Shifting dehydrating, degrading ephemeral water channels to better-vegetated, rehydrating, agrading channels with Bill Zeedyk-directed efforts in Altar Valley, Arizona
By Brad Lancaster with gratitude to Bill Zeedyk for his edits, feedback, and mentoring www.HarvestingRainwater.com
Starting January 2012, Bill Zeedyk and Steve Carson directed the largely volunteer-installed on-the-ground work in a collaborative conservation/restoration project in the Altar Valley in southern Arizona, aiming to reverse the erosive down cutting of water channels/arroyos and dirt roads at the Elkhorn/Las Delicias Watershed Restoration Demonstration Project site by using three primary strategies:
• induced meandering within the water channel with one-rock-high baffles and one-rock dams seeded with native restoration seed mixes;
• treating a 3.25-mile stretch of dirt road with 54 rolling dips that drain stormwater off the roads and passively irrigate roadside vegetation, and 14 road crossing stabilization structures stabilizing road crossings of streams;
• upland restoration with one-rock high rock media lunas and one-rock dams upstream of the main water channel
The project and its effects were and are extensively monitored.
As Bill Zeedyk says, the intent of the project was to reverse the trend by shifting from erosion of soil to deposition of soil.
It has done that.
In addition, moisture now lingers longer in the watershed, enabling more vegetation to grow, better capture sediment, and hold and build soil. All this also reducing flooding and erosion downstream.
I just attended the 10th anniversary tour of the project, and wanted to share photos and videos taken over the years at the project, plus links to data from the project’s extensive monitoring, so you can see some of the positive results.
Work within one of the main water channels/arroyos
Media luna structures above the water channel (scroll down for photos) are also helping heal this part of the channel. The media lunas have helped slow, spread out, and infiltrate sheet flow in upper reaches of this water channel’s watershed to re-wet and re-vegetate about 2 acres of previously bare draining and eroding land.
By reducing the volume, depth, and speed of peak flow of stormwater (by spreading out the flow) within and above the water channel, the force and ability of the flowing water to carry sediment is also reduced. So, you then see more smaller particles of sediment compared to the larger particles seen before restoration work.
As the water flow is spread out and slowed down, more water saturates the soil, and prolongs the length of the time the water flows and lingers in the landscape, enhancing the growth of more water-slowing and -spreading vegetation.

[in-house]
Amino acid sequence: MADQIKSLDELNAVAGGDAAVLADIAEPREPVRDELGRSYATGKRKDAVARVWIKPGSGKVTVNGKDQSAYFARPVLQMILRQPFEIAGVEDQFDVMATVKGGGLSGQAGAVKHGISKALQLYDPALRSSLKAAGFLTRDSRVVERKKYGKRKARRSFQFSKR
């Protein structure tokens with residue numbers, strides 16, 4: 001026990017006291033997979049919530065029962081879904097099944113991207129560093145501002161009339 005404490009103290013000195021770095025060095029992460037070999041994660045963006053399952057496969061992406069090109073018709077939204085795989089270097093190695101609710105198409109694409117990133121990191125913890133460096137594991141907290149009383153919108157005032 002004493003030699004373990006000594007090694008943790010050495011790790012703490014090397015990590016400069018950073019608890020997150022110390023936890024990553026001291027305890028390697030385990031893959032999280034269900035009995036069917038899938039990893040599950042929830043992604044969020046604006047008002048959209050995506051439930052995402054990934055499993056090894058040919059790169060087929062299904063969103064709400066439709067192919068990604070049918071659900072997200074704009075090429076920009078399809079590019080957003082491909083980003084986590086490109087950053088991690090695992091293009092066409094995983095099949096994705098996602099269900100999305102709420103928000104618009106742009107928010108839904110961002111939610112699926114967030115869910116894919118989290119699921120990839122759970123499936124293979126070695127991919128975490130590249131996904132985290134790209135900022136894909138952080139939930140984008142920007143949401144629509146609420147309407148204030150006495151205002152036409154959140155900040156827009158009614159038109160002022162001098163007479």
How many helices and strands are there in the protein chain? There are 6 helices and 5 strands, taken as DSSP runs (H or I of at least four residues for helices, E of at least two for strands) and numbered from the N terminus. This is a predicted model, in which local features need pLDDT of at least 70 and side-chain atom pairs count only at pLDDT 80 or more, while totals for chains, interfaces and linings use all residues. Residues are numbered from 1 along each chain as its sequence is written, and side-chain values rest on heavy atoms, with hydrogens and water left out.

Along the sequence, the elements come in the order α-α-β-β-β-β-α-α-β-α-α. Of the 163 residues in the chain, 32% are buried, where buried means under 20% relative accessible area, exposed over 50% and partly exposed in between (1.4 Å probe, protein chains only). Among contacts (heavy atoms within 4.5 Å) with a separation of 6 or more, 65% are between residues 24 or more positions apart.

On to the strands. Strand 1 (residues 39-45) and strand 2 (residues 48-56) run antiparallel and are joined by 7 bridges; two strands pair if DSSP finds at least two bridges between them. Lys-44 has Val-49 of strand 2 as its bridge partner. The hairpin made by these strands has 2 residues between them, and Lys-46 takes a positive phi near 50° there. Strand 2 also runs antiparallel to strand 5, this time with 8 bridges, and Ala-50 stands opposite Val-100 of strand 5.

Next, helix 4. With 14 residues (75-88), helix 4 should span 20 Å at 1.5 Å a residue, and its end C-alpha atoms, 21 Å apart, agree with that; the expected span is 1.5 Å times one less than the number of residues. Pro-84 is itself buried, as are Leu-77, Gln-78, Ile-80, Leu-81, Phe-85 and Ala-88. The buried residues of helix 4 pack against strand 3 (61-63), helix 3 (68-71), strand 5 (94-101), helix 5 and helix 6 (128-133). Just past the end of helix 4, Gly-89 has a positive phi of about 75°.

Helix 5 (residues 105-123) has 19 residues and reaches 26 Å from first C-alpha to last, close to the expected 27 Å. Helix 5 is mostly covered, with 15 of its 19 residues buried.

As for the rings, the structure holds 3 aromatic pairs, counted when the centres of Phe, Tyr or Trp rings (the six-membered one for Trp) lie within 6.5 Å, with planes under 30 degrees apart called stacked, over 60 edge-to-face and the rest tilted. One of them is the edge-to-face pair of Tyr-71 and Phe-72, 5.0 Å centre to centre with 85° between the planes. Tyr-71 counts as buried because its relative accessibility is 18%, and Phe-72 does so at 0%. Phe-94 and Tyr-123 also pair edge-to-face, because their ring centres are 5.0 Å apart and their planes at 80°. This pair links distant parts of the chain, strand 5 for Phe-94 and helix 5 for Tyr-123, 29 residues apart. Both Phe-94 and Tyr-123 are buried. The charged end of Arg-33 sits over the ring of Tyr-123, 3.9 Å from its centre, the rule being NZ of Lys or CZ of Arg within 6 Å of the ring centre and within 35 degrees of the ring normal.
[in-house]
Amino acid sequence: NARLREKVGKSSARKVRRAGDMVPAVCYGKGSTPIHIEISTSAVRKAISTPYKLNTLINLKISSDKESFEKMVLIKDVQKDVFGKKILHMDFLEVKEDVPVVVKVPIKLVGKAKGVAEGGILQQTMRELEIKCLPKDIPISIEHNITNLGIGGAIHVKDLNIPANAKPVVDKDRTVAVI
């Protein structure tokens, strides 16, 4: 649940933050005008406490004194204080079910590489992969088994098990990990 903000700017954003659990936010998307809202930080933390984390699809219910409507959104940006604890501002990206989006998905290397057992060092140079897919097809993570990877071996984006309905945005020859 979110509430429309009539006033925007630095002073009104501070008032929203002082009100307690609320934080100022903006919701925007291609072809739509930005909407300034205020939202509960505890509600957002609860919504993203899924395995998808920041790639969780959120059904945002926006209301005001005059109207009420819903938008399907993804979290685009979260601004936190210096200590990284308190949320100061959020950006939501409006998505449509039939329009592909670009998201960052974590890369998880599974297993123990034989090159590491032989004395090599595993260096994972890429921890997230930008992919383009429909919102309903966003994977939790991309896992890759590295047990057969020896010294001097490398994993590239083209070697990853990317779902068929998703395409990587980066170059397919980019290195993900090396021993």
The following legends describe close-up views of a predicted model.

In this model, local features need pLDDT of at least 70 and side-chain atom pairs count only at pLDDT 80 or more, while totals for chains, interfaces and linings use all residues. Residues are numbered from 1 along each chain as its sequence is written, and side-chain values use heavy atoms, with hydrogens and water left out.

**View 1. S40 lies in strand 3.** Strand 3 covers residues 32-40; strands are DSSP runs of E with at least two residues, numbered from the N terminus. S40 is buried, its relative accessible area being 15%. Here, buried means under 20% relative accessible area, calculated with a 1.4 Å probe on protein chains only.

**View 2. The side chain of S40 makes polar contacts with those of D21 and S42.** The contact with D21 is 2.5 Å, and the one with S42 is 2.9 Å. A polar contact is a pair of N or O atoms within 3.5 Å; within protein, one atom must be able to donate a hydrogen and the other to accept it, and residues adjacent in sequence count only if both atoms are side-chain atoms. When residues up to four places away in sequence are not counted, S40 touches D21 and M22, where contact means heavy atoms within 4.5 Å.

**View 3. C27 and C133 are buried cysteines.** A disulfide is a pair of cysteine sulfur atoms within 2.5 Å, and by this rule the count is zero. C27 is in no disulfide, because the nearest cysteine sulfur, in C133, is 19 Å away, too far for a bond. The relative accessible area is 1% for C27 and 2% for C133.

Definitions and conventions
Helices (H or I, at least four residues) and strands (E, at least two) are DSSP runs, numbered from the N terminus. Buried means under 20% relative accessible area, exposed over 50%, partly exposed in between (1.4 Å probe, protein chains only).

As more vegetation grows, the roots increase the permeability of the soil, which then increase the volume of water that infiltrates the soil — especially within the site’s otherwise hard, exposed subsoil. Vegetation continues to grow, and sets is roots deeper and deeper as it also grows a thicker and more absorptive sponge of organic matter above the soil’s surface; more water is slowed and infiltrated, and more vegetation grows—a beneficial feedback loop.
The topography, in the four photos immediately above, is typical of what the valley floor looked like before headcut erosion and resulting gullies arrived and drained the valley.
The erosion was due to severe overgrazing, which removed much of the vegetative cover of the land, which then sped up the flow, depth, and force of the water draining off the land. Other practices that similarly drained and dehydrated the land were irrigation diversions and railroad embankments that channelized sheet flow; dirt roads that diverted, captured, and channelized sheet flow; and fire suppression.
The main channel of the Altar Valley Wash (downstream from these photos) then erosively down cut, and all tributaries draining into the down cut Altar Valley Wash then also down cut—starting at headcuts formed where water flow from the tributaries dropped over a newly steepened drop into the recently down-cut Altar Wash. The whole Altar Wash and its tributaries throughout the Altar Wash watershed down cut and head cut up valley.
So, the four photos above, show a relic of what the landscape would’ve looked like without gullies. Though it would’ve been better vegetated.
Erosion caused by wagon roads is what really caused the whole system to originally degrade, plus there was an irrigation dam upstream in the Altar Wash that blew out in the early 1900s. When it blew out, flows got caught in the wagon wheel ruts that were paralleling the water channel. Ruts were straighter than the meandering channel so the paths of the ruts were steeper, water flowed faster within them, and easily carried away the fine clay soils. This started the whole unravelling.
It was made worse by the irrigated pastures on the ranch that is now the Buenos Aires Wildlife Refuge.
Due to erosion from road and irrigation ditches, head cutting and down cutting started (due to main channel being incised) and this head cutting and down cutting continues to this day.
It is hard to prioritize where to do grade control work in the watershed, since there is such a large need throughout.
So, at least encourage restoration work wherever it is welcomed by the land owner, manager, volunteers, etc. Such work could be on the refuge or any of the ranches where channel incision is still occurring. For as Bill says, “You can lead people, but you can’t push a rope.”